The set's two long, continuous performances joined together a number of pieces from Cartography, including the moving, choir-driven album closer "Sorrow and Its Opposite," in addition to some new material. Perhaps most remarkable was how the group moved from piece to piece, seamlessly segueing from more freely improvised segments based on something as simple as a spare melody from Henriksen or a stark pulse from Norbakken. There were times where the quartet built to a feverish climax, only to drop suddenly to near-silence, the effect as profound as that in Godfrey Reggio's landmark 1982 film, Koyaanisqatsi, where classical composer Philip Glass achieved the same effect. In Henrkisen's performance there were moments where it was possible to feel the tension in the audience release.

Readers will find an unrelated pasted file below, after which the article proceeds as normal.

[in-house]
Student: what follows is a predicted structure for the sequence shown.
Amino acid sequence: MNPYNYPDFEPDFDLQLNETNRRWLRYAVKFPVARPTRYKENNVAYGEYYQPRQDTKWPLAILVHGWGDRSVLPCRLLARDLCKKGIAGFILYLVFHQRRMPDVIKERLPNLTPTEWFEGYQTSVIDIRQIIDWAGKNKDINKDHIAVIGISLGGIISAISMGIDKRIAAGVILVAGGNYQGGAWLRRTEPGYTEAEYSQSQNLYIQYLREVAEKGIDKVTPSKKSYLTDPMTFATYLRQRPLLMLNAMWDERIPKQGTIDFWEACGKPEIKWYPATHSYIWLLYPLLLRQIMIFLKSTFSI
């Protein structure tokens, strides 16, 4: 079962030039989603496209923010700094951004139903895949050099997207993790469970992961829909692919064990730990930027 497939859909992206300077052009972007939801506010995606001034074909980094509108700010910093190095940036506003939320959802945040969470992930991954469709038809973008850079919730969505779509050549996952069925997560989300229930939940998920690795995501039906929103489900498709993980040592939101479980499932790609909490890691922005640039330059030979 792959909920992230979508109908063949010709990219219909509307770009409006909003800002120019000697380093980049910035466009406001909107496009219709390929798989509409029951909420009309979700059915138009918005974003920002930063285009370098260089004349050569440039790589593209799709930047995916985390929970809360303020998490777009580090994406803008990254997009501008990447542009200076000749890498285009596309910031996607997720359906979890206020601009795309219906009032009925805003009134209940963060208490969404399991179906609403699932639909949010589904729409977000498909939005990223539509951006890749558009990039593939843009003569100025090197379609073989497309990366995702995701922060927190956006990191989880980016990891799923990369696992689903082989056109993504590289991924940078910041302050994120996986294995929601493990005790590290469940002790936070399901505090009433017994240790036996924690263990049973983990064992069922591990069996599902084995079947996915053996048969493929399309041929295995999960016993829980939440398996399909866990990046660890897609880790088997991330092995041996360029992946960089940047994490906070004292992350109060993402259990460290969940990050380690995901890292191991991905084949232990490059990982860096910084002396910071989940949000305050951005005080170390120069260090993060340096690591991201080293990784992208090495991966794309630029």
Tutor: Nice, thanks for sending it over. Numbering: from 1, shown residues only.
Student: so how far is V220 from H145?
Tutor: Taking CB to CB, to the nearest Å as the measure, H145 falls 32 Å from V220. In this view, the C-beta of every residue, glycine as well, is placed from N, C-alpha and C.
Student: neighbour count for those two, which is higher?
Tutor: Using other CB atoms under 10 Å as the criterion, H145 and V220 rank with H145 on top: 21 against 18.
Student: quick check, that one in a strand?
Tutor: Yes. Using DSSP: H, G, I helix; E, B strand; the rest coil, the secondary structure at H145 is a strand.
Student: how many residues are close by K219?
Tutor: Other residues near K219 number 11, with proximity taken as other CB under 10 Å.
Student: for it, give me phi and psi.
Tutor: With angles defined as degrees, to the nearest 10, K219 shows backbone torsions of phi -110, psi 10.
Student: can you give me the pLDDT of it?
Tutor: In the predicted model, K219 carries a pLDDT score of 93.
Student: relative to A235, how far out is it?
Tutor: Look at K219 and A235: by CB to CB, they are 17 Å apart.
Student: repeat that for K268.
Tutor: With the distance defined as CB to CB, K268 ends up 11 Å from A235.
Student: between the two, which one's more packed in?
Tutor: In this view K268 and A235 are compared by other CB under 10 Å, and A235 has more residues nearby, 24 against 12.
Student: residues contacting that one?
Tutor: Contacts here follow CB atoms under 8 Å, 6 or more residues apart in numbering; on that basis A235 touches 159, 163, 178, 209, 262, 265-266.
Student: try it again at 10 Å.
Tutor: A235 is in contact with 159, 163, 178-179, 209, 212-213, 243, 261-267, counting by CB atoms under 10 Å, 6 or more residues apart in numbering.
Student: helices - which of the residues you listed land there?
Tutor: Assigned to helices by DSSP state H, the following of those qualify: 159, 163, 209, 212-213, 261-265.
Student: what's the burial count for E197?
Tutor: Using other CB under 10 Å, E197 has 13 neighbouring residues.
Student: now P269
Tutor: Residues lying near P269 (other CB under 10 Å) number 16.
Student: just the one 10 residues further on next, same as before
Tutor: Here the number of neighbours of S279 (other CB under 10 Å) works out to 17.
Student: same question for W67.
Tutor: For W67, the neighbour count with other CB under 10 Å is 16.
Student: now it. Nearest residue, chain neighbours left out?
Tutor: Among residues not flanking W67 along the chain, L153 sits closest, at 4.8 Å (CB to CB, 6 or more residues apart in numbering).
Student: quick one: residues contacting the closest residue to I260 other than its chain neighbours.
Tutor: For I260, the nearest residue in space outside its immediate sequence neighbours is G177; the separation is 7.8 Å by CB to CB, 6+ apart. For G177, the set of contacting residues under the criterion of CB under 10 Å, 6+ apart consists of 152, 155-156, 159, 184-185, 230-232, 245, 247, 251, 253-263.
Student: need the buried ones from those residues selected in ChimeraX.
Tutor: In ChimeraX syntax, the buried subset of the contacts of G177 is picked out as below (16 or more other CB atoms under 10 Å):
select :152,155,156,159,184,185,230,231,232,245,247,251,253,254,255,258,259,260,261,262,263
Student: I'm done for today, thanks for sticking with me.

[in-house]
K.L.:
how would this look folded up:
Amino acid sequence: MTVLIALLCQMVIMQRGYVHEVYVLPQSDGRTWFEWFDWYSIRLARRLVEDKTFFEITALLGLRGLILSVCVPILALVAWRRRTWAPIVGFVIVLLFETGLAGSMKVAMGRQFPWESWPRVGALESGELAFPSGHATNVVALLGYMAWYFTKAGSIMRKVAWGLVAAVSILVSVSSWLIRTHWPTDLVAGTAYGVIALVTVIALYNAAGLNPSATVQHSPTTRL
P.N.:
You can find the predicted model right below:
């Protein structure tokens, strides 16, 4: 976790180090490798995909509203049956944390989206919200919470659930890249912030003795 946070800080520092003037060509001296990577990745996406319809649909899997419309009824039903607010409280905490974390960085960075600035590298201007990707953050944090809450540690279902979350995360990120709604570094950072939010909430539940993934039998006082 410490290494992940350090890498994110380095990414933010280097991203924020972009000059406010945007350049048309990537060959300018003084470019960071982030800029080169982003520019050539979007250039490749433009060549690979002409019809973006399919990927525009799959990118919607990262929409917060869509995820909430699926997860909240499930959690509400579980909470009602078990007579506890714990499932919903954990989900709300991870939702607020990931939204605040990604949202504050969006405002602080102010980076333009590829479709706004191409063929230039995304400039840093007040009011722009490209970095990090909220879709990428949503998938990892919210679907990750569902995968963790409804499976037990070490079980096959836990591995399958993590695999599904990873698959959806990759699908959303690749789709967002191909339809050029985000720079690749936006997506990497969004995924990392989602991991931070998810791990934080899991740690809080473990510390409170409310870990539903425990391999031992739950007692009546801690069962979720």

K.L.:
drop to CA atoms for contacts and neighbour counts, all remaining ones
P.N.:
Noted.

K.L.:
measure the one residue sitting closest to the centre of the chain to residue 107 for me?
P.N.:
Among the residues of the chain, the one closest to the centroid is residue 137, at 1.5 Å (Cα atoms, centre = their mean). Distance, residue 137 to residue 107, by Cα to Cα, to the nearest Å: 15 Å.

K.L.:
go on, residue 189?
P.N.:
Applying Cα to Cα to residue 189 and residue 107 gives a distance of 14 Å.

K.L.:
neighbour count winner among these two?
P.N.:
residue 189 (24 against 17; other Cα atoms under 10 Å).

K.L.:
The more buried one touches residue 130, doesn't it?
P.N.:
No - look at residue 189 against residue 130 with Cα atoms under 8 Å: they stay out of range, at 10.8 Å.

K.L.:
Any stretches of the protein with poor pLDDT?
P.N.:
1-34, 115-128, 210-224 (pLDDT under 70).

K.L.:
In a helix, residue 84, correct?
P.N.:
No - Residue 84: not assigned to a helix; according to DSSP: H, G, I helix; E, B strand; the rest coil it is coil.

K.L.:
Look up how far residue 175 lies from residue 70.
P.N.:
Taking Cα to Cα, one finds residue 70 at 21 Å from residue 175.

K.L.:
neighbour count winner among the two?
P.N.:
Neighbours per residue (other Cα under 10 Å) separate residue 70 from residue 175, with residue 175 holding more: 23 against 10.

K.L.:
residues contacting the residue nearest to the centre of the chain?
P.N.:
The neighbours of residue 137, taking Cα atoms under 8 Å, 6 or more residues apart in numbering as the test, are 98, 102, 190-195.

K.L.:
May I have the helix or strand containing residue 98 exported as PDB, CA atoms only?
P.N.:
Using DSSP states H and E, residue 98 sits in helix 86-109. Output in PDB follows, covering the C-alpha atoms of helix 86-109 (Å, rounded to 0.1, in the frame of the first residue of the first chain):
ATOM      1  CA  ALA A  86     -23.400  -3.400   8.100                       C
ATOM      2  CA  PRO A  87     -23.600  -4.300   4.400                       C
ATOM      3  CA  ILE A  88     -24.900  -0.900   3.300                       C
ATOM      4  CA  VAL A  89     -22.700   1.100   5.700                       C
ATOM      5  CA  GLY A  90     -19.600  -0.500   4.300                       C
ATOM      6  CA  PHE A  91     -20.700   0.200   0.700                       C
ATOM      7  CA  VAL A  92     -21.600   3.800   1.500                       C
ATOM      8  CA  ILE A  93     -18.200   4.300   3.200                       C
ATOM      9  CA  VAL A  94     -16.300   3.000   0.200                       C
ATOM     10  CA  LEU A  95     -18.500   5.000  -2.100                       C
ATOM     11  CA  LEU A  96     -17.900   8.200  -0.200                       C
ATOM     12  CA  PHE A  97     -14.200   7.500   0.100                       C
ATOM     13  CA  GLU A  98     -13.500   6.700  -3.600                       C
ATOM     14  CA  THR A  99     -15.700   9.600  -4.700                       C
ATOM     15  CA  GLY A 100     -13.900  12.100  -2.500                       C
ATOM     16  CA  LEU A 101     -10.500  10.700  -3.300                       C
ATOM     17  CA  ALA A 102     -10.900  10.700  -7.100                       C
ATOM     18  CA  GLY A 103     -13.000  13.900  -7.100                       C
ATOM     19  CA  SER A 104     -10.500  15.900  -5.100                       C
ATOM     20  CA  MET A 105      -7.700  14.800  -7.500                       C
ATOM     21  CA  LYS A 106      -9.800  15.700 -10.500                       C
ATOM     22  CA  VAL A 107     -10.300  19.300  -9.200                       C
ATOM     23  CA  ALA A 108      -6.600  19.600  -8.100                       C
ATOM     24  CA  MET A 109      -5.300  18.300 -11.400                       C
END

Henriksen brought a wealth of techniques to bearmore than his recognizable shakuhachi-informed trumpet toneat times playing two trumpets simultaneously, combining singing with embouchure through his trumpet, and deserting his choir-like falsetto for an overtone-rich vocal delivery influenced by Tuvan throat singing. But whether creating deeply resonant music of melancholy lyricism and soft surfaces or playing with harder textures and sharper edges, Henriksen and his quartet demonstrated that it's possible to combine broad stylistic and cultural references, often hidden but unmistakable virtuosity, sonic innovation and improvisational élan, into a mélange that may be recondite on the surface, but remains powerfully moving on a near-subconscious level.